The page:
Secondly: It's irrelevant to the debate. It doesn't matter which of these I have to follow, but rather that I just show that one exists.
Thirdly: You can turn any talk of the Categorical Imperative since that affirms the resolution. The entire basis of the CI, as stated in my opponent's own source, is "‘I ought never to act except in such a way that I could also will that my maxim should become a universal law’"(1). Assisting others in need fits since I can will others to help me to be a universal law with no harmful reprocussions.
Fourthly: My opponent makes the statement "But insofar as nearly all ostensible categorical imperatives can be placed into a situation in which, if acting in accordance with the imperative, an actor would violate the rights of others, especially Kant's most important imperative, then the action should not be committed. ", but never warrants why assisting people violates their rights. You can safely ignore this one since it has no warrant to it.
Argument Two: Humans as Tribal Animals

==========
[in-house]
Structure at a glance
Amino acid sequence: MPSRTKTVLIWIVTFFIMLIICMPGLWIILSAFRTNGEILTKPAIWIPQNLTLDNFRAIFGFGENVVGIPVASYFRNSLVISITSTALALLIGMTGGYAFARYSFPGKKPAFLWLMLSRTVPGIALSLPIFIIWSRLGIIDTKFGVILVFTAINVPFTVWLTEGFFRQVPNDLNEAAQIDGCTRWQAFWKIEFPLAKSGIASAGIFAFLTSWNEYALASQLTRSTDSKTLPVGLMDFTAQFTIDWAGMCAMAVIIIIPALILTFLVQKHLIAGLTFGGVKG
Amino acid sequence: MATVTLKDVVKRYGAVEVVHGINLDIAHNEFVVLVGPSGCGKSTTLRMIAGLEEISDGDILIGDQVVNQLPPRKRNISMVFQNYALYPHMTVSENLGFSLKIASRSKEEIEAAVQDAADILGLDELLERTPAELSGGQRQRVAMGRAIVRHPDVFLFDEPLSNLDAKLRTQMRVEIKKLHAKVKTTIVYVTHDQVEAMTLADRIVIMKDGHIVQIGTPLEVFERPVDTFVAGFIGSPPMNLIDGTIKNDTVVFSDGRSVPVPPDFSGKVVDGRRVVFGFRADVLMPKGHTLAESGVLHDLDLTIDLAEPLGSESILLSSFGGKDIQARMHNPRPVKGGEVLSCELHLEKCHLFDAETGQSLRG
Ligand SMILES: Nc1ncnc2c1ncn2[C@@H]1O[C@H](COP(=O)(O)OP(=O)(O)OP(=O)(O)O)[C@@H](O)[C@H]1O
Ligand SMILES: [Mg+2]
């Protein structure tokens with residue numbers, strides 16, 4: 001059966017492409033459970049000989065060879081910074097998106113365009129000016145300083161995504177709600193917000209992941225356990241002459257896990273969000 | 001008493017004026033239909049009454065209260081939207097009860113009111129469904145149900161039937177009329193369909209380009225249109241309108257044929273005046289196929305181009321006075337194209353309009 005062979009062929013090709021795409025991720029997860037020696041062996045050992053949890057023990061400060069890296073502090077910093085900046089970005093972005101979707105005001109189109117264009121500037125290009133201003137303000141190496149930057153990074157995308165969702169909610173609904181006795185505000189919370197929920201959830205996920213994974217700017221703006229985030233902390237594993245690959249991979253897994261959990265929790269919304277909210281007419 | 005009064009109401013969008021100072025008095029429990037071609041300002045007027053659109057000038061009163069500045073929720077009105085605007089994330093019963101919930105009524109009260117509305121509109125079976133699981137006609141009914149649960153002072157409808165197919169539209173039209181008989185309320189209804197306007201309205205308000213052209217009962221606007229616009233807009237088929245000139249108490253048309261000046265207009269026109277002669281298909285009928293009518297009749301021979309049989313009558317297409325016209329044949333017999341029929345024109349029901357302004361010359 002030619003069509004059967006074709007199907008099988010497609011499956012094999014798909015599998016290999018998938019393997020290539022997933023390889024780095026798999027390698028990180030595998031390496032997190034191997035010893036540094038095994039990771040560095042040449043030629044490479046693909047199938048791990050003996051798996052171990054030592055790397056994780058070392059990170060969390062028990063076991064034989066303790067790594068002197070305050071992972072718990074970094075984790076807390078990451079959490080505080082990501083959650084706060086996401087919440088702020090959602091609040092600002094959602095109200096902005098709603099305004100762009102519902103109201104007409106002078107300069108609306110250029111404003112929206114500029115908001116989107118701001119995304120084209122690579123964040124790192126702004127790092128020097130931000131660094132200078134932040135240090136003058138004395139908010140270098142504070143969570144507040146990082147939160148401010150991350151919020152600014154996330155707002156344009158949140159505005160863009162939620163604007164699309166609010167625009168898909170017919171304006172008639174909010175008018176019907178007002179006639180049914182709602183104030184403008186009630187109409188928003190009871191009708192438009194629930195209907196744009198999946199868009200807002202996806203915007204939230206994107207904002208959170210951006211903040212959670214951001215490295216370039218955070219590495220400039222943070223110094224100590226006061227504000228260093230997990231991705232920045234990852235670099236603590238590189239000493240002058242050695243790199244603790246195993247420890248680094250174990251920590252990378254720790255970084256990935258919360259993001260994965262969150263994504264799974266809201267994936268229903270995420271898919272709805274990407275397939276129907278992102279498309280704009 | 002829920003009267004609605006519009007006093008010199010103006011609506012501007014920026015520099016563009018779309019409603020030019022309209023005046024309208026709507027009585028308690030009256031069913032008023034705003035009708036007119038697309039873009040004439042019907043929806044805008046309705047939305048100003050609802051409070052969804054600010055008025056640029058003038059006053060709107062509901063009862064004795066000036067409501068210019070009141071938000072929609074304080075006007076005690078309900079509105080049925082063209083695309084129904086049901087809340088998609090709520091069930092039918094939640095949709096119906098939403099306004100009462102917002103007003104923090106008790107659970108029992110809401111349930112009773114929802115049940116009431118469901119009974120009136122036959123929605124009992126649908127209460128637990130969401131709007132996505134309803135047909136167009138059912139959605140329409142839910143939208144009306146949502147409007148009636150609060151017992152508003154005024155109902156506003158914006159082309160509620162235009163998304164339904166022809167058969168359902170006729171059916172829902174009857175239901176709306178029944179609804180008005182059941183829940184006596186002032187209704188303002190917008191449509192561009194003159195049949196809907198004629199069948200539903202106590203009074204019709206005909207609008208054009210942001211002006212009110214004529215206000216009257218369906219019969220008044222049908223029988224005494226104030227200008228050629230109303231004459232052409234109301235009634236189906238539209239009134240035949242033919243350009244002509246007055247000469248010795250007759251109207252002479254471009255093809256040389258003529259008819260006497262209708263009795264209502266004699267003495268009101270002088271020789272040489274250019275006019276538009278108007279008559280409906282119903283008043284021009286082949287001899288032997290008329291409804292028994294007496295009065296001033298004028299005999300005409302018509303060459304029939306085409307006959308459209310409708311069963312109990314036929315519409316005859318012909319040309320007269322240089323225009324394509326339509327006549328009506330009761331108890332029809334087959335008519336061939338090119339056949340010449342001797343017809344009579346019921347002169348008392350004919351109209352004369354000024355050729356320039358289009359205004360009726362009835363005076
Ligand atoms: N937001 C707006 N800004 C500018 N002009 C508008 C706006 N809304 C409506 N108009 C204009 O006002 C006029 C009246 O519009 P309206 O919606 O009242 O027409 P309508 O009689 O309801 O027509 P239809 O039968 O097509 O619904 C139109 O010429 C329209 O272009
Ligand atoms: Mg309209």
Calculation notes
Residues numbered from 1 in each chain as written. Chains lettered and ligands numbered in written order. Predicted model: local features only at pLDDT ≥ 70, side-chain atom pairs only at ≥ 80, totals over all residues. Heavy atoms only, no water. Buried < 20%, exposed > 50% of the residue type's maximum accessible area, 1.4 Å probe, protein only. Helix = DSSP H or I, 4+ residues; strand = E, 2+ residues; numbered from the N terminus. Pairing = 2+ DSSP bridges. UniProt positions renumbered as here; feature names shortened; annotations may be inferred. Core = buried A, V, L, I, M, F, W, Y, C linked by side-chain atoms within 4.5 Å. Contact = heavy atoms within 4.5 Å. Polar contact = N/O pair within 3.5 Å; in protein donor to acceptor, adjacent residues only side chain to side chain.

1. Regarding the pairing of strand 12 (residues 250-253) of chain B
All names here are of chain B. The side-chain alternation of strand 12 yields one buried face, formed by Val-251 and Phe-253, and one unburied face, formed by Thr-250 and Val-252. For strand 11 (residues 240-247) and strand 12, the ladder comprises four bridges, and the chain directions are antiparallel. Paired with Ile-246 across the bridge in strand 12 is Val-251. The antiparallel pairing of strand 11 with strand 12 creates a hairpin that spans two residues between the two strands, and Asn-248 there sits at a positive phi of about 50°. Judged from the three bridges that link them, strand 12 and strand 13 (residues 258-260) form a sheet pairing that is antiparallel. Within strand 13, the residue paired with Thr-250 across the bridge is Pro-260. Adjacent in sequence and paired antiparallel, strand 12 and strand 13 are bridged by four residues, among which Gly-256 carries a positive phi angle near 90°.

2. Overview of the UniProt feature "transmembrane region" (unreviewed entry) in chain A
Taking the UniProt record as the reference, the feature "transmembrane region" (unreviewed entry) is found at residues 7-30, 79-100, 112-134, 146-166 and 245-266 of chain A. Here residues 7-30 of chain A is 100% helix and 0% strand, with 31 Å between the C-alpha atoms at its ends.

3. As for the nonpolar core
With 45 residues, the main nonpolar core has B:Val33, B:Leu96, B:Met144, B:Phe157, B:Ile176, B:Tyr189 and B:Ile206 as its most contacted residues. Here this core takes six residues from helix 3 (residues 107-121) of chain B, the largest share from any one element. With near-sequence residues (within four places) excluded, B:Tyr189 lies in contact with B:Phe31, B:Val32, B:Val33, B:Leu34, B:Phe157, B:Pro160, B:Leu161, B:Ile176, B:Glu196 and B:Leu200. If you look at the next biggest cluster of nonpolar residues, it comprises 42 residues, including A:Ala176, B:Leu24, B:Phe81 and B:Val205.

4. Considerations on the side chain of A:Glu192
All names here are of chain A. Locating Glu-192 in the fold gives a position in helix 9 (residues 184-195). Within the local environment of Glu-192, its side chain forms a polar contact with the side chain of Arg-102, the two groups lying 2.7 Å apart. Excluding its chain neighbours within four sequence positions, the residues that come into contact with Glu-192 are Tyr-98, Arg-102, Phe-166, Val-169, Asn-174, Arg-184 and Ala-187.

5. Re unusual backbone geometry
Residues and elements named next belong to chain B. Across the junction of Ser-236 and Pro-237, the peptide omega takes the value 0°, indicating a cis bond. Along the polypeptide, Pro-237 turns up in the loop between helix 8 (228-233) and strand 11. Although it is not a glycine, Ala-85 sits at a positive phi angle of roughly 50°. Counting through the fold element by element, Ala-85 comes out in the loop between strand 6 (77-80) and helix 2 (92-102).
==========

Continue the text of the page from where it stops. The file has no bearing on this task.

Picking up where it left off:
First: The argument is pointless. Even if you buy that I have a "greater" obligation to my mother than to a Nicaraguan child, that doesn't mean the obligation to assist the child goes away or is invalid and doesn't exist anymore. Insofar as all I have to do is prove that the obligation exists, and not whether or not we act on it, this argument doesn't negate and has no weight in the round.
Second: My opponent states that just because empathy is about feelings and stuff means that I need to make some sort of jump between that and an obligation. This is exactly what my entire case is talking about. To point to specfics:
1. You can extend Olson which explicitly explains why empathy requires a moral obligation. He never responds to this.